The Nov. 2 vote in New Jersey could have a profound effect on the expected opening of the state’s legal adult-use cannabis industry next year.
One candidate for governor—incumbent Phil Murphy, a Democrat—has overseen the passage of legalization and the forward, if imperfect, progress toward the opening of the state’s retail market. The other candidate—Republican Jack Ciattarelli—is openly hostile to cannabis and wants to repeal legalization because he wants cops to arrest more weed smokers.
It’s a pretty stark contrast.
Good problems to have
For most New Jersey residents, there are still problems with legal cannabis in the Garden State: It took too long to happen, too many towns have banned retail sales, home grow isn’t allowed, there’s not enough support for equity businesses, and it’s still going to be months before the first adult-use stores open to the public.
Way back in 2017, Phil Murphy ran for governor promising to pass cannabis legalization “in his first 100 days.” He got elected, then spent the next three years trying to push a bill through the state legislature, without success. New Jersey Republicans largely opposed legalization, while Murphy’s fellow Democrats engaged in endless negotiations over different aspects of competing plans.
Finally, in Nov. 2020, the question was put before state voters in the form of a ballot referendum. That measure passed by a massive margin (67% yes to 33% no), making legal cannabis officially more popular in New Jersey than any statewide political candidate in recent memory.
Here’s what’s legal under New Jersey’s updated marijuana laws
Building an equitable industry takes time
Building a regulated cannabis industry from scratch may be taking longer than advocates would like, but many of the social justice benefits of legalization that Gov. Murphy originally ran on have already come online. In Feb. 2021, he signed three separate reform bills, including one decriminalizing up to six ounces of cannabis for adults 21 and older. Another bill decriminalized cannabis for those under 21 caught for the first time, replacing criminal penalties with a written warning.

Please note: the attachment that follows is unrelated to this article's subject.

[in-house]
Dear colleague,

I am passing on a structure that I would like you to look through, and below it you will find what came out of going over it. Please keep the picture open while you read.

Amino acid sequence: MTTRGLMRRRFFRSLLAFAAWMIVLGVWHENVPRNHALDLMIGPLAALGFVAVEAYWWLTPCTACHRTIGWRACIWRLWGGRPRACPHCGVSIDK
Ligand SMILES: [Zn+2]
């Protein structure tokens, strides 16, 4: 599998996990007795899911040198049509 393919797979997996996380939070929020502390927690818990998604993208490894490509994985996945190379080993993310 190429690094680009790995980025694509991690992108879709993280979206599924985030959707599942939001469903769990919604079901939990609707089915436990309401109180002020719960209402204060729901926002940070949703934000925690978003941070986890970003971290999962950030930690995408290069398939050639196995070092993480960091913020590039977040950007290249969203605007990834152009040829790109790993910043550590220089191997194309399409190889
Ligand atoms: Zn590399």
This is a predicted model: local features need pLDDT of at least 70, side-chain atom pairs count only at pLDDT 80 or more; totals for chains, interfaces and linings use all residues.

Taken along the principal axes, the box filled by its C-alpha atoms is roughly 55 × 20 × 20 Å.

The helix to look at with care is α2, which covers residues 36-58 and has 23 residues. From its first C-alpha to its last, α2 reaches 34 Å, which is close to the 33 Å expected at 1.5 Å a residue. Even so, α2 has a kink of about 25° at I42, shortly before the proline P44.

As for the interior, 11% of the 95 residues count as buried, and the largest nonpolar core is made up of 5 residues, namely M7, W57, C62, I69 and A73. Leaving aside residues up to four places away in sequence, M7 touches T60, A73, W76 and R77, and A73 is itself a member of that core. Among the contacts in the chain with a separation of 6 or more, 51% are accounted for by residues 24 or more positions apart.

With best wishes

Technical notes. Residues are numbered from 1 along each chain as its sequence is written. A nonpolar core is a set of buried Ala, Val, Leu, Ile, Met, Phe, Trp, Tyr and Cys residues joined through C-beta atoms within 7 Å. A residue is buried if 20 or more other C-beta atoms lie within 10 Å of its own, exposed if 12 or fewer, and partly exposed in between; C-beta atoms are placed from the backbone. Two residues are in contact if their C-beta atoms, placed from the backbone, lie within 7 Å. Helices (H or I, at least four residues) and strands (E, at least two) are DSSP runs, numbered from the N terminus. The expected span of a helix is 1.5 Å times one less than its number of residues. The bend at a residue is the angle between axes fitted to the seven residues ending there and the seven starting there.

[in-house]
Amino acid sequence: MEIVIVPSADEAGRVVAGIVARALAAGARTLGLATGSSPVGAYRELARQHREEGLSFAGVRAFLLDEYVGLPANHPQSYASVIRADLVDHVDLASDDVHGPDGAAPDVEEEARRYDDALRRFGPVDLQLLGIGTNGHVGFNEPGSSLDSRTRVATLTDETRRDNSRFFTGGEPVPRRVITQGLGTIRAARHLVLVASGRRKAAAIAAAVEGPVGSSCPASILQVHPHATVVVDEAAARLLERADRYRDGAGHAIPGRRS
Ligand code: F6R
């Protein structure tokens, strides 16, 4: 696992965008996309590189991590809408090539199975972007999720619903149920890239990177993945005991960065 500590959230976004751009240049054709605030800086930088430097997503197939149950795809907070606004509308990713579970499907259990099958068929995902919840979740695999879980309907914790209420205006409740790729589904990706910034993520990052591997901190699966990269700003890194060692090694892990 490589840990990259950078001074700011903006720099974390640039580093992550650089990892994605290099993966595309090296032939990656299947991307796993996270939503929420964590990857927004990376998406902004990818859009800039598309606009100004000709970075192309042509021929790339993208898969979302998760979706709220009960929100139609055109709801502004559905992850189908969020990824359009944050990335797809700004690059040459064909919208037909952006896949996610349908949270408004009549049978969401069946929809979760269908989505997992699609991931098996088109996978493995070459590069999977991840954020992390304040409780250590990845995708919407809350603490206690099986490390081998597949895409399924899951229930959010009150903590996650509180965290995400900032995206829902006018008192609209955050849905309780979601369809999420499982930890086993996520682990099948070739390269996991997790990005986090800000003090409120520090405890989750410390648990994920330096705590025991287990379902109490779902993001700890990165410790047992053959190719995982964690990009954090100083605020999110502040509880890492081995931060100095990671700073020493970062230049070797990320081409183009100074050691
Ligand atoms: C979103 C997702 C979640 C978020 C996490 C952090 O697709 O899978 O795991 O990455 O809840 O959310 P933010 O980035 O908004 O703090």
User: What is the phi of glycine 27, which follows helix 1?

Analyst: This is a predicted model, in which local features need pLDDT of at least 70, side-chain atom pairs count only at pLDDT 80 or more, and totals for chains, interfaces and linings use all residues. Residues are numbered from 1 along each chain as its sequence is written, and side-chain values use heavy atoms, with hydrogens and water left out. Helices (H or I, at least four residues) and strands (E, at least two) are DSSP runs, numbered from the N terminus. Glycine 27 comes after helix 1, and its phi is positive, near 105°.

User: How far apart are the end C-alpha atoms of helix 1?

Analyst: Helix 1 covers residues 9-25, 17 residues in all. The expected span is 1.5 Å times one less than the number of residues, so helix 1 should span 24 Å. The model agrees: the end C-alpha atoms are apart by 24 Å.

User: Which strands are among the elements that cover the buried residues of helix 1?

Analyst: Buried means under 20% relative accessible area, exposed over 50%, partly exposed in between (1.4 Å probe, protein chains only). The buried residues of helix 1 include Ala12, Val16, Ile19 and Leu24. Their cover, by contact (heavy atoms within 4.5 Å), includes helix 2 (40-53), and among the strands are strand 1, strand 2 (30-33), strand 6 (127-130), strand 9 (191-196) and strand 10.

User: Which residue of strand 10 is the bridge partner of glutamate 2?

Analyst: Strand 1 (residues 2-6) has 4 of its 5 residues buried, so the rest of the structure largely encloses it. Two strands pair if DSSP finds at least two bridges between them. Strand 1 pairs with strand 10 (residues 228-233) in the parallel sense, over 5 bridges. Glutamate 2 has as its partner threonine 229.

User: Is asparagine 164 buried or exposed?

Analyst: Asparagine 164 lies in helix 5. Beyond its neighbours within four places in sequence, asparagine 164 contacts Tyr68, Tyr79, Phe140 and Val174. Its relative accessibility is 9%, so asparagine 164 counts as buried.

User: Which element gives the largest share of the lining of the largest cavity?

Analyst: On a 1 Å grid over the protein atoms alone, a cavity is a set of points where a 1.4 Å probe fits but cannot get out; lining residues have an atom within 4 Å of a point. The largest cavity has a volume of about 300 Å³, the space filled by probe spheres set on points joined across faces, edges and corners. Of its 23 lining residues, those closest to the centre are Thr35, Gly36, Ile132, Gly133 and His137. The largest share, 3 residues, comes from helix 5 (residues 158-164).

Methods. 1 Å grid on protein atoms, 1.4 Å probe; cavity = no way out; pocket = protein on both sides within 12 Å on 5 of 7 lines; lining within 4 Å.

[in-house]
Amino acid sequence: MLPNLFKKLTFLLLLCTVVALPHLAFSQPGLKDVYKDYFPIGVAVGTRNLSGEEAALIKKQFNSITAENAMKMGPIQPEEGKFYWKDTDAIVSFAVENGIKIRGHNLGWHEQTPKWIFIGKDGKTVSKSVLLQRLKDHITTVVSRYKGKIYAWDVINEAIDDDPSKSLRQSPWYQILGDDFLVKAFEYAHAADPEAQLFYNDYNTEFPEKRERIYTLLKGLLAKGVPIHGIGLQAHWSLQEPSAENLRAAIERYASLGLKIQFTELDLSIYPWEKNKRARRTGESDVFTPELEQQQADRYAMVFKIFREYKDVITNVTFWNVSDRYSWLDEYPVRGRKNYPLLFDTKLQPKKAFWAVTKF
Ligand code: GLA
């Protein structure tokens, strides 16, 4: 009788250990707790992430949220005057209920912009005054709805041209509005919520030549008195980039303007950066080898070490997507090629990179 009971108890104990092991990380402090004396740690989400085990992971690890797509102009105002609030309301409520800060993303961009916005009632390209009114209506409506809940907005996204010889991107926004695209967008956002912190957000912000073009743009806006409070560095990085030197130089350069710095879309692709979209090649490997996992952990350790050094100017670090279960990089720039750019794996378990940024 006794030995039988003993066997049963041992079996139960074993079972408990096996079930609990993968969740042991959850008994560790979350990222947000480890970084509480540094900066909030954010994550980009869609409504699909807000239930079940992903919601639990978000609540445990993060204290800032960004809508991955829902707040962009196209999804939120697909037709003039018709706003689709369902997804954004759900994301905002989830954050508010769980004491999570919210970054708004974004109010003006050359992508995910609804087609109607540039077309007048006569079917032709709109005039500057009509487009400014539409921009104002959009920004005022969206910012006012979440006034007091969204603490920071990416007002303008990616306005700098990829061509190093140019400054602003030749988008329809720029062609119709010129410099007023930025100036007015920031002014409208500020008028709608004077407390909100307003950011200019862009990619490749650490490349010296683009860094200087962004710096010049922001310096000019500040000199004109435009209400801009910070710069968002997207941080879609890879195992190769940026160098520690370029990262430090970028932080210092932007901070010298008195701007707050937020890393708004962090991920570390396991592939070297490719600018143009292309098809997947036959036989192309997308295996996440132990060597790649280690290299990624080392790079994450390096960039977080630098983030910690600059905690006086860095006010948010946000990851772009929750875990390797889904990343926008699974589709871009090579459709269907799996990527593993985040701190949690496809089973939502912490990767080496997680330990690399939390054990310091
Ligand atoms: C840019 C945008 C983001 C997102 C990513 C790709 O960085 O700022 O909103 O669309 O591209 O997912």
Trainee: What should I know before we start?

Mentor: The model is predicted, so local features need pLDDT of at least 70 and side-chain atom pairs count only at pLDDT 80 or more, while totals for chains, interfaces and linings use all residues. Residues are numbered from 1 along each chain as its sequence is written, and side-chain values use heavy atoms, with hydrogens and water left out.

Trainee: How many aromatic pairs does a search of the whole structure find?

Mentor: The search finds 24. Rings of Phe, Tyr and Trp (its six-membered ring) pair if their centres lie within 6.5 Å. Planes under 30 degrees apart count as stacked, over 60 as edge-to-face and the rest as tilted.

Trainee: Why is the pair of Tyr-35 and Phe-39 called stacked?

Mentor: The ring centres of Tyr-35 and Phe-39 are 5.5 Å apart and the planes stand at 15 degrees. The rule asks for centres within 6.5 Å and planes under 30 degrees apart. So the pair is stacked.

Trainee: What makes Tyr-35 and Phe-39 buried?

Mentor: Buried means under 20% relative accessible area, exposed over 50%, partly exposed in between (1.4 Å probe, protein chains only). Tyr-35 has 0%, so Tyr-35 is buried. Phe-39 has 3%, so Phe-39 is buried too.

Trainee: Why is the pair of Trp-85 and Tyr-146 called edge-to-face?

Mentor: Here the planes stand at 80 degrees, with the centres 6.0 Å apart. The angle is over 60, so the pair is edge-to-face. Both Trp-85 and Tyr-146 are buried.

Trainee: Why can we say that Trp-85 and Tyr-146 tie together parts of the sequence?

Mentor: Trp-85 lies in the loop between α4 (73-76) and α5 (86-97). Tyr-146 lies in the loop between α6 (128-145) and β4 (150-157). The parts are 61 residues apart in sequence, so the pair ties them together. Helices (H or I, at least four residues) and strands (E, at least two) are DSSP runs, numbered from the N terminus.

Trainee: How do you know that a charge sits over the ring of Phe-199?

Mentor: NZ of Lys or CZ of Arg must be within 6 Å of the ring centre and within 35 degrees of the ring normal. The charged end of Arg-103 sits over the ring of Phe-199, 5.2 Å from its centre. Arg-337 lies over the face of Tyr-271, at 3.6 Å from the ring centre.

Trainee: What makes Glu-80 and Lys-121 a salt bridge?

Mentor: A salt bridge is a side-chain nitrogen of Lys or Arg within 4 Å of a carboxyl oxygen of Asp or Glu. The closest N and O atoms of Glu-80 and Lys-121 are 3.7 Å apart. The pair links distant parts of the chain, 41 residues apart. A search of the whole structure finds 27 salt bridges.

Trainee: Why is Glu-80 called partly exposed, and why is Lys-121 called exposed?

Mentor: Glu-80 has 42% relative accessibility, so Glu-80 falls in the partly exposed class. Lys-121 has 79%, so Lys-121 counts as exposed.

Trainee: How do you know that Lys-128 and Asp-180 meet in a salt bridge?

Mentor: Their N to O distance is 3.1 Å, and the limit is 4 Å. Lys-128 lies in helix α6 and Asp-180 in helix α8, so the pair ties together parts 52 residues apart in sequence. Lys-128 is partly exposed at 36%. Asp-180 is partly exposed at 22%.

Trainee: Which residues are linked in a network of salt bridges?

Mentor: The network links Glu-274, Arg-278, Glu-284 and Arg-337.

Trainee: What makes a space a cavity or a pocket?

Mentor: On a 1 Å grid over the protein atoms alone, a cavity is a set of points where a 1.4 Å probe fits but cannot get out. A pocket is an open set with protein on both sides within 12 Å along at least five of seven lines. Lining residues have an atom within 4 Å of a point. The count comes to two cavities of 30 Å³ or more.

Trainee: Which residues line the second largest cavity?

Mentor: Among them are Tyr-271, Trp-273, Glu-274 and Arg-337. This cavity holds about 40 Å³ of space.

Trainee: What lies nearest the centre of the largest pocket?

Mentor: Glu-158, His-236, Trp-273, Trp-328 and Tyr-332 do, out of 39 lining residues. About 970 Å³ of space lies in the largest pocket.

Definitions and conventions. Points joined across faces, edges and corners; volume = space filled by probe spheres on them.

Gov. Murphy also appointed former ACLU lawyer Dianna Houenou as chair of New Jersey’s Cannabis Regulatory Commission, with a mandate to oversee the state’s emerging industry in a way that’s “equitable, fair, and inclusive of all communities.”
Over 362,000 cannabis cases have since been expunged in New Jersey.
The continued prohibition on homegrow is a problem for many cannabis enthusiasts and reform advocates. But in a recent appearance on his NJ News 12 call-in segment, “Ask Governor Murphy,” the state’s chief executive said that he’s now “open-minded” about signing a bill allowing home cultivation.
“I support adult-use [cannabis legalization] purely because of social justice,” he added. “It’s actually happening as we speak. And the industry is being built with equity first and foremost as its objective.”
Of course, that could all change if Tuesday’s election swings against Murphy.
Ciattarelli would “reverse” legalization
Jack Ciattarelli, Republican candidate for governor in Tuesday’s election, also has a legalization plan: Total re-criminalization. As he explained in a televised debate in May:
“I did not support the [legalization] ballot referendum. It’s been approved by the people of New Jersey, which means the only way to remove it would be to put it back on the ballot. As governor, my first term, if this rollout of recreational marijuana as legalized now is a failure, I will advocate for it to go back on the ballot. We can reverse that decision.”